When Hillary Clinton recently stood up at the Al Smith charity dinner in New York City and suggested Donald Trump was having trouble reading teleprompters because he was translating the words from the original Russian into English she was clearly joking.
But the joke was a clear indication of the depths to which the relationship between Russia and the West has fallen. The left-leaning Mother Jones even reported yesterday that Russian intelligence has been cultivating a "compromised" Trump for five years, following certain alleged inappropriate actions by the property magnate during visits to Moscow.
Russia’s image abroad has also suffered significantly due to continued stories about alleged hacks of the Democratic Party during the U.S. General Election, its deployment of advanced missile systems in Syria, continuing Western sanctions over the war in Ukraine, and the Olympic athlete doping scandal.
At the St. Petersburg International Economic Forum in June, one of the most important business events in Russia and Europe, which is usually attended by many Western leaders, the number of participants was the smallest since the 1990s.
The International Economic Forum in St. Petersburg, June 17, 2016. [Image credit: Wikimedia Commons, attribute www.kremlin.ru]
According to a spokesman for the Russian government, who asked to remain anonymous, the breakdown in communication in recent years has persuaded the Russian government to look to hire three or four leading Western PR agencies as early as the end of this year in a bid to help improve the image of the country.
Dmitry Peskov, press secretary to Russia’s President Vladimir Putin, told PRWeek via email that the government is considering several candidates to succeed former long-standing PR partner Ketchum in promoting the country’s interests on the global stage. He added that the selection of new PR partners for the Russian government will take place via open tenders and that several potential bidders have expressed interest in participating.
Putin's press secretary Dmitry Peskov. [Image credit: Wikimedia Commons: www.kremlin.ru]
"We have already made attempts to attract someone smaller and cheaper than Ketchum," he says. "There have been two attempts to attract other foreign companies. However, their work has not satisfied us. Still, there is a possibility that Ketchum’s replacement might be found by the end of the year."
In May, the Russian government hired Burson-Marsteller to mitigate the Olympic doping scandal that saw its athletes banned from the Games. Representatives of Burson declined to comment on whether it would bid for the new image-rebuilding contract for Russia. A representative for Ketchum said it would not be bidding for the business.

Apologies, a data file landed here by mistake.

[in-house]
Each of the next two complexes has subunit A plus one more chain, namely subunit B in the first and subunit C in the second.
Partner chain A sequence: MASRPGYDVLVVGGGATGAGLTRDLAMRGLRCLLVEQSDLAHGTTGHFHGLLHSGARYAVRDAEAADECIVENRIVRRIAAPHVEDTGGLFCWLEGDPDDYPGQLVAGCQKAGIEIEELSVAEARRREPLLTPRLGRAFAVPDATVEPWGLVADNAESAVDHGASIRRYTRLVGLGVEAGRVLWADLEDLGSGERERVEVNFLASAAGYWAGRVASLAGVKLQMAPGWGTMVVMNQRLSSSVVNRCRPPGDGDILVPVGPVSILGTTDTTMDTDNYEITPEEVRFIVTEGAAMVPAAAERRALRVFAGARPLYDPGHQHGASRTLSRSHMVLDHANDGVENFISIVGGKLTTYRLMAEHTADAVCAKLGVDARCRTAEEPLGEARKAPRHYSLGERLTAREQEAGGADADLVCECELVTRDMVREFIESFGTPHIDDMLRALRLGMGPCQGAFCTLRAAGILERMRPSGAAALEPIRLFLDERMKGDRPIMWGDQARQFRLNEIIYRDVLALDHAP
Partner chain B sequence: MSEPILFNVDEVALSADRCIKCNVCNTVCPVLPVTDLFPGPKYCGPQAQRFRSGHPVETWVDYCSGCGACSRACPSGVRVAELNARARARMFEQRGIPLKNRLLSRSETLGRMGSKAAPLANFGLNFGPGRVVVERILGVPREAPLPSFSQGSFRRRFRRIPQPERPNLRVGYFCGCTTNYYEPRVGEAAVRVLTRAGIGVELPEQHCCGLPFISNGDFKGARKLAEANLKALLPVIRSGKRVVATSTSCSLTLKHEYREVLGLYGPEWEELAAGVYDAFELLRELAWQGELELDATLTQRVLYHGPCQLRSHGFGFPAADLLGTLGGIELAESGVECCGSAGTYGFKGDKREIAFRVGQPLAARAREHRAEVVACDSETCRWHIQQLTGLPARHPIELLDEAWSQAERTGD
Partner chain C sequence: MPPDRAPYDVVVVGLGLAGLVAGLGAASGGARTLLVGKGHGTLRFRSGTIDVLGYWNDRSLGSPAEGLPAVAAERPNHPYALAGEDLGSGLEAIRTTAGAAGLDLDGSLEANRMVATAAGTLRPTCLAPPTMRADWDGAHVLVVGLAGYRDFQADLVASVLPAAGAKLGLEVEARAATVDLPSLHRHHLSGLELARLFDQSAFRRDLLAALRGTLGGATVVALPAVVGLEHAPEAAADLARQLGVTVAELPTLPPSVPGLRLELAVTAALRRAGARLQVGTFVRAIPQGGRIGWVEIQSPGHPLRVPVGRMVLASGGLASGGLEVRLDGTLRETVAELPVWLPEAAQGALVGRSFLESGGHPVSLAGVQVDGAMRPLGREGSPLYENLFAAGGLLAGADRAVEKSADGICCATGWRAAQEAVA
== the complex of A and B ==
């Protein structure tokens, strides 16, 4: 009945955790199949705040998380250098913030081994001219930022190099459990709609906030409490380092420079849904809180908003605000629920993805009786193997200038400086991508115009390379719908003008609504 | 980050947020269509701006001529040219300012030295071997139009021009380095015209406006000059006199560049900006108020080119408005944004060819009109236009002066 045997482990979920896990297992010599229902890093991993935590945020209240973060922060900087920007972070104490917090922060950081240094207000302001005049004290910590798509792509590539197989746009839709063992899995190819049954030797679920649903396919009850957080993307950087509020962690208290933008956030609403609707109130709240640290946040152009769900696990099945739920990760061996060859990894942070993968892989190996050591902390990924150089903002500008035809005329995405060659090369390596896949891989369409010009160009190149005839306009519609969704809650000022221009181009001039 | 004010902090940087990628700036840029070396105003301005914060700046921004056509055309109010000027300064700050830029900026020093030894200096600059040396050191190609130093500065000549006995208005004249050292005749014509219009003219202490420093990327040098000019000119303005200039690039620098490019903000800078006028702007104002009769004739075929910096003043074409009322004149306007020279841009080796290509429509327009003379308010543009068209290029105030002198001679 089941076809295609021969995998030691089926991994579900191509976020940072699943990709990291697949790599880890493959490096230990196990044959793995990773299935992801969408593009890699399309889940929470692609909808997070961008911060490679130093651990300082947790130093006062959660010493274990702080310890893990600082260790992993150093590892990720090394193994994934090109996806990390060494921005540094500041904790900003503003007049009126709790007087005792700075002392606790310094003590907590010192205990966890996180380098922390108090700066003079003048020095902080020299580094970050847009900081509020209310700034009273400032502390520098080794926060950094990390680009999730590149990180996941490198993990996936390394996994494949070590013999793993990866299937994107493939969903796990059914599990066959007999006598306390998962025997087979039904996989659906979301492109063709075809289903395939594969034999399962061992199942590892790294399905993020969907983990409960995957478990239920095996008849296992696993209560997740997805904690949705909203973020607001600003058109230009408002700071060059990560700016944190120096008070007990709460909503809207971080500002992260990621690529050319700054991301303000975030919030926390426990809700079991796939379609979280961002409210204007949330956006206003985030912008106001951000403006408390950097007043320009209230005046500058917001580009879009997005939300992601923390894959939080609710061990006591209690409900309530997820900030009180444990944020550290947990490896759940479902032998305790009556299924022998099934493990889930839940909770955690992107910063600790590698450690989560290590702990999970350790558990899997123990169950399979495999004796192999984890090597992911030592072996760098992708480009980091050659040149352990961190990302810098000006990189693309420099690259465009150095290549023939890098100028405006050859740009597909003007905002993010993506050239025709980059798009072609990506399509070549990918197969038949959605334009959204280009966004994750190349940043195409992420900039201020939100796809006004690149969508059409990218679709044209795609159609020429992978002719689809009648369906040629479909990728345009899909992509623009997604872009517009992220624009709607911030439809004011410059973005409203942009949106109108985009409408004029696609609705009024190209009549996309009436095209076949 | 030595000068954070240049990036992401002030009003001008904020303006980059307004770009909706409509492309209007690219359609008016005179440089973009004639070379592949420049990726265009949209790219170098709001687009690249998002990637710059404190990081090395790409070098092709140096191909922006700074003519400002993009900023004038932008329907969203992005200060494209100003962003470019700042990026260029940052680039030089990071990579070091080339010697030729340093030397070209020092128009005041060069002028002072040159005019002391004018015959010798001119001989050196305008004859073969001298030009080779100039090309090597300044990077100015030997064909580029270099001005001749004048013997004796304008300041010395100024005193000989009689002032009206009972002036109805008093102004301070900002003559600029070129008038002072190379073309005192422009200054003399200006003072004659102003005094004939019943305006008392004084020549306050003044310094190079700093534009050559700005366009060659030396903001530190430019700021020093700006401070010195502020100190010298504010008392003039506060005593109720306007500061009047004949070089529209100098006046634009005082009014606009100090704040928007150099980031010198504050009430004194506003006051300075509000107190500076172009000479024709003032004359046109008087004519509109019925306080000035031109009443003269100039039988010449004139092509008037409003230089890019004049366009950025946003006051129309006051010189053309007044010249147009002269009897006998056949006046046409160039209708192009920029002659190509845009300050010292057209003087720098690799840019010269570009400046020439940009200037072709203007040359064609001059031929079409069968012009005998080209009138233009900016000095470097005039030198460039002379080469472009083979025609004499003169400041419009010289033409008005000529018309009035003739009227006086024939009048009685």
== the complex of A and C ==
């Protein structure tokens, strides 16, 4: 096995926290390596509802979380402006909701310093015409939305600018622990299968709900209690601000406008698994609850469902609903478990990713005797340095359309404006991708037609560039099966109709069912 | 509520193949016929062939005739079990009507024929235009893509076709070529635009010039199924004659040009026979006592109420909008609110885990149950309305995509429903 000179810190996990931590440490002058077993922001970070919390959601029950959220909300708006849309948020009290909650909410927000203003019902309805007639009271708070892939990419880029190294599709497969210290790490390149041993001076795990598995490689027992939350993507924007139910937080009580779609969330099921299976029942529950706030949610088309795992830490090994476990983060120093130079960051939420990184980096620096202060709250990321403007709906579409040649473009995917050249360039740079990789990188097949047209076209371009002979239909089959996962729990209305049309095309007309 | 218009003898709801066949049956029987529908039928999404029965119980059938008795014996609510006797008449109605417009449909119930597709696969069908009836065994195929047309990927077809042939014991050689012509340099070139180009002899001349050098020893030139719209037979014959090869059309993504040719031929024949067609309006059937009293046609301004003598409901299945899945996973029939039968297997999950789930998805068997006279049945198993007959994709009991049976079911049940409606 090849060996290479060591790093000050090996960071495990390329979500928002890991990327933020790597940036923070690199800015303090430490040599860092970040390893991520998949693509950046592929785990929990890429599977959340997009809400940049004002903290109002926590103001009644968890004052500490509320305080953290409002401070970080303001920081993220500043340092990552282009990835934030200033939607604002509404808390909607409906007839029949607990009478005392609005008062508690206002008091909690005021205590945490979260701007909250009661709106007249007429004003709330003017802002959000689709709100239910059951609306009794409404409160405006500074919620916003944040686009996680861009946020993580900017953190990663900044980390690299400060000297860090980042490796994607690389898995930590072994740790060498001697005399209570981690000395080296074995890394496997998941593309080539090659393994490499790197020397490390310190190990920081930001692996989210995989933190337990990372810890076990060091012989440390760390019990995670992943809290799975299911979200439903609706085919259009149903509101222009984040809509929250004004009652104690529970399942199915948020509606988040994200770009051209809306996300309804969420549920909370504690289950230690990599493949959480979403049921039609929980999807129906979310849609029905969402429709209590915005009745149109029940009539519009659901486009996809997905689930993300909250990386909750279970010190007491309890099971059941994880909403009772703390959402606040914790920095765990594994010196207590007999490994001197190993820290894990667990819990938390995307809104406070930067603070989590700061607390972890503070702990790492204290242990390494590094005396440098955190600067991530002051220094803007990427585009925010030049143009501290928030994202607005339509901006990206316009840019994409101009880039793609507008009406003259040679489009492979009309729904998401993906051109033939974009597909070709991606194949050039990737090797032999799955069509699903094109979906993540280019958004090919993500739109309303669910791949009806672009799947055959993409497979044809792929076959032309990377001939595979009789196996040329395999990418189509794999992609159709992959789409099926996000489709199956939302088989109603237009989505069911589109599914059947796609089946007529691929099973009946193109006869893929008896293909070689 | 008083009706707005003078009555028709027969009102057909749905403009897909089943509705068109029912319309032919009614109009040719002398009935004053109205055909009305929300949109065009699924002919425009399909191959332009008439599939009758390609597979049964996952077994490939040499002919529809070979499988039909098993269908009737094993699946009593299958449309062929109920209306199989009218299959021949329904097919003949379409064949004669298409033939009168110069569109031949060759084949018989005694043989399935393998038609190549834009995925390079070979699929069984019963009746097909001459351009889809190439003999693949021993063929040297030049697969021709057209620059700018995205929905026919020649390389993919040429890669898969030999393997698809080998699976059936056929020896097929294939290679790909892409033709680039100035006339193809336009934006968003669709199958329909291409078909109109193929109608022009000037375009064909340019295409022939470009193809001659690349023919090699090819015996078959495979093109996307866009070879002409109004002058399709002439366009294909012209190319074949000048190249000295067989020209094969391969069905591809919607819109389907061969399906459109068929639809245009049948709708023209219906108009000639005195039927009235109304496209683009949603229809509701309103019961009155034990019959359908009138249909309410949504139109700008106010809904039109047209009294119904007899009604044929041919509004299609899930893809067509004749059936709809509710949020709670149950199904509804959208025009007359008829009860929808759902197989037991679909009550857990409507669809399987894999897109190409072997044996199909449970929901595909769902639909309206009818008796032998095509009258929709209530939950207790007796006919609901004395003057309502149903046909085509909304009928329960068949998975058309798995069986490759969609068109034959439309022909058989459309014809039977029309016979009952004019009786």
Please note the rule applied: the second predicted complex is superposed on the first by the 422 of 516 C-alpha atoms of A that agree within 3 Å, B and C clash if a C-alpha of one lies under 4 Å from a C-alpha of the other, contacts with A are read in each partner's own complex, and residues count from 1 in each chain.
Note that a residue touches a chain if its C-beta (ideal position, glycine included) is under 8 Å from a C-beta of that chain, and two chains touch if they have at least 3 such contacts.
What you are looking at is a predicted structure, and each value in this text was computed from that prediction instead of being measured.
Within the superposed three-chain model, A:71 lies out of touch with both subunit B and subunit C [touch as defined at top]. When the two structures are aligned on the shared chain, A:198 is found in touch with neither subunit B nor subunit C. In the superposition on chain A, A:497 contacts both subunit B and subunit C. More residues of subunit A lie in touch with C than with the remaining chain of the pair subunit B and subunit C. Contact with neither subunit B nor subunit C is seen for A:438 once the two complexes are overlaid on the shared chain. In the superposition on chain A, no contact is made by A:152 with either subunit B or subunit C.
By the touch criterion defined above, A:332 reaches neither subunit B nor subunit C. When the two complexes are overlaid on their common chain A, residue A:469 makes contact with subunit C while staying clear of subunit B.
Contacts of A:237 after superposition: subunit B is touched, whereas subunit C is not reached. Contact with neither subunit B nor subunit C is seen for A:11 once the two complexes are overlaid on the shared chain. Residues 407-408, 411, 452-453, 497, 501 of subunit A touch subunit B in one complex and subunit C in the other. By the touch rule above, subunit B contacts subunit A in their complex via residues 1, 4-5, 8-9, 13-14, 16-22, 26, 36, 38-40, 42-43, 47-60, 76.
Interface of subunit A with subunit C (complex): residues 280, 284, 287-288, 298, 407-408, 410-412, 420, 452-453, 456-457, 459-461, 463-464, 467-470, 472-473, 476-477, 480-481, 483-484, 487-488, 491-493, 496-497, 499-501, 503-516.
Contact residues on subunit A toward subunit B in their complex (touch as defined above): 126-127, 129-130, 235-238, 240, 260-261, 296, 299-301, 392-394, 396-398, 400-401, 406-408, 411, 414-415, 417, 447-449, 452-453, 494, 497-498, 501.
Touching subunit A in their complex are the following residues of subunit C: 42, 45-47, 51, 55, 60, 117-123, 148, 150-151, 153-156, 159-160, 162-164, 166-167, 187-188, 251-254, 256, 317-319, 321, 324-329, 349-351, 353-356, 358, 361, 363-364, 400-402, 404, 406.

London-based PR firms Bell Pottinger and Portland, which both count international governments among their clients, also declined to comment when contacted by PRWeek.
According to Nikolay Nikiforov, Russia’s minister of communications, fees for the image-rebuilding plan will range from $30-50 million per year. The funds will be transferred from the accounts of banks affiliated with the Russian government in the same way that Ketchum was paid.
Russia's Minister of Communications Nikolay Nikiforov. [Image credit: Wikimedia Commons http://bit.ly/2fBuJ6S]
Stanislav Belkovsky, one of Russia’s leading political analysts and an expert in the field of PR, says the amounts specified in the contracts may turn out to be much higher in practice, as significant funds will also be paid to third-party lobbyists connected to the chosen PR agencies who will actually sign the contracts with the Russian government.
Belkovsky says: "There are a number of schemes that can be used to avoid U.S. accounting rules on lobbying and PR. For example, if a congressman lobbied for something, his daughter could ‘accidentally’ become head of a company that has oil or gas assets in Russian Siberia."
Russia’s plan to rebuild its image, primarily in the U.S., Canada, and the European Union, stems directly from statements emanating from the press office of Prime Minister Dmitry Medvedev.
The moves originated in a legislative act approved on August 15 by the Russian government, which triggers the implementation of a complex set of measures aimed at improving the image in the West of the Vladimir Putin-led state.
The act is contained within the "Action Plan for the implementation of activities in the fields of international humanitarian cooperation and international development."
It was produced by analysts at Russia’s Federal Agency for the Commonwealth of Independent States, Compatriots Living Abroad and International Humanitarian Cooperation (more commonly known as Rossotrudnichestvo), an autonomous government agency primarily responsible for administering civilian foreign aid.
The agency has been tasked with addressing Russia’s image problem by the government, in particular Medvedev. As in previous years, the plan is for the implementation of these measures to include leading Western PR agencies, some of which already have experience of working with the Russian government.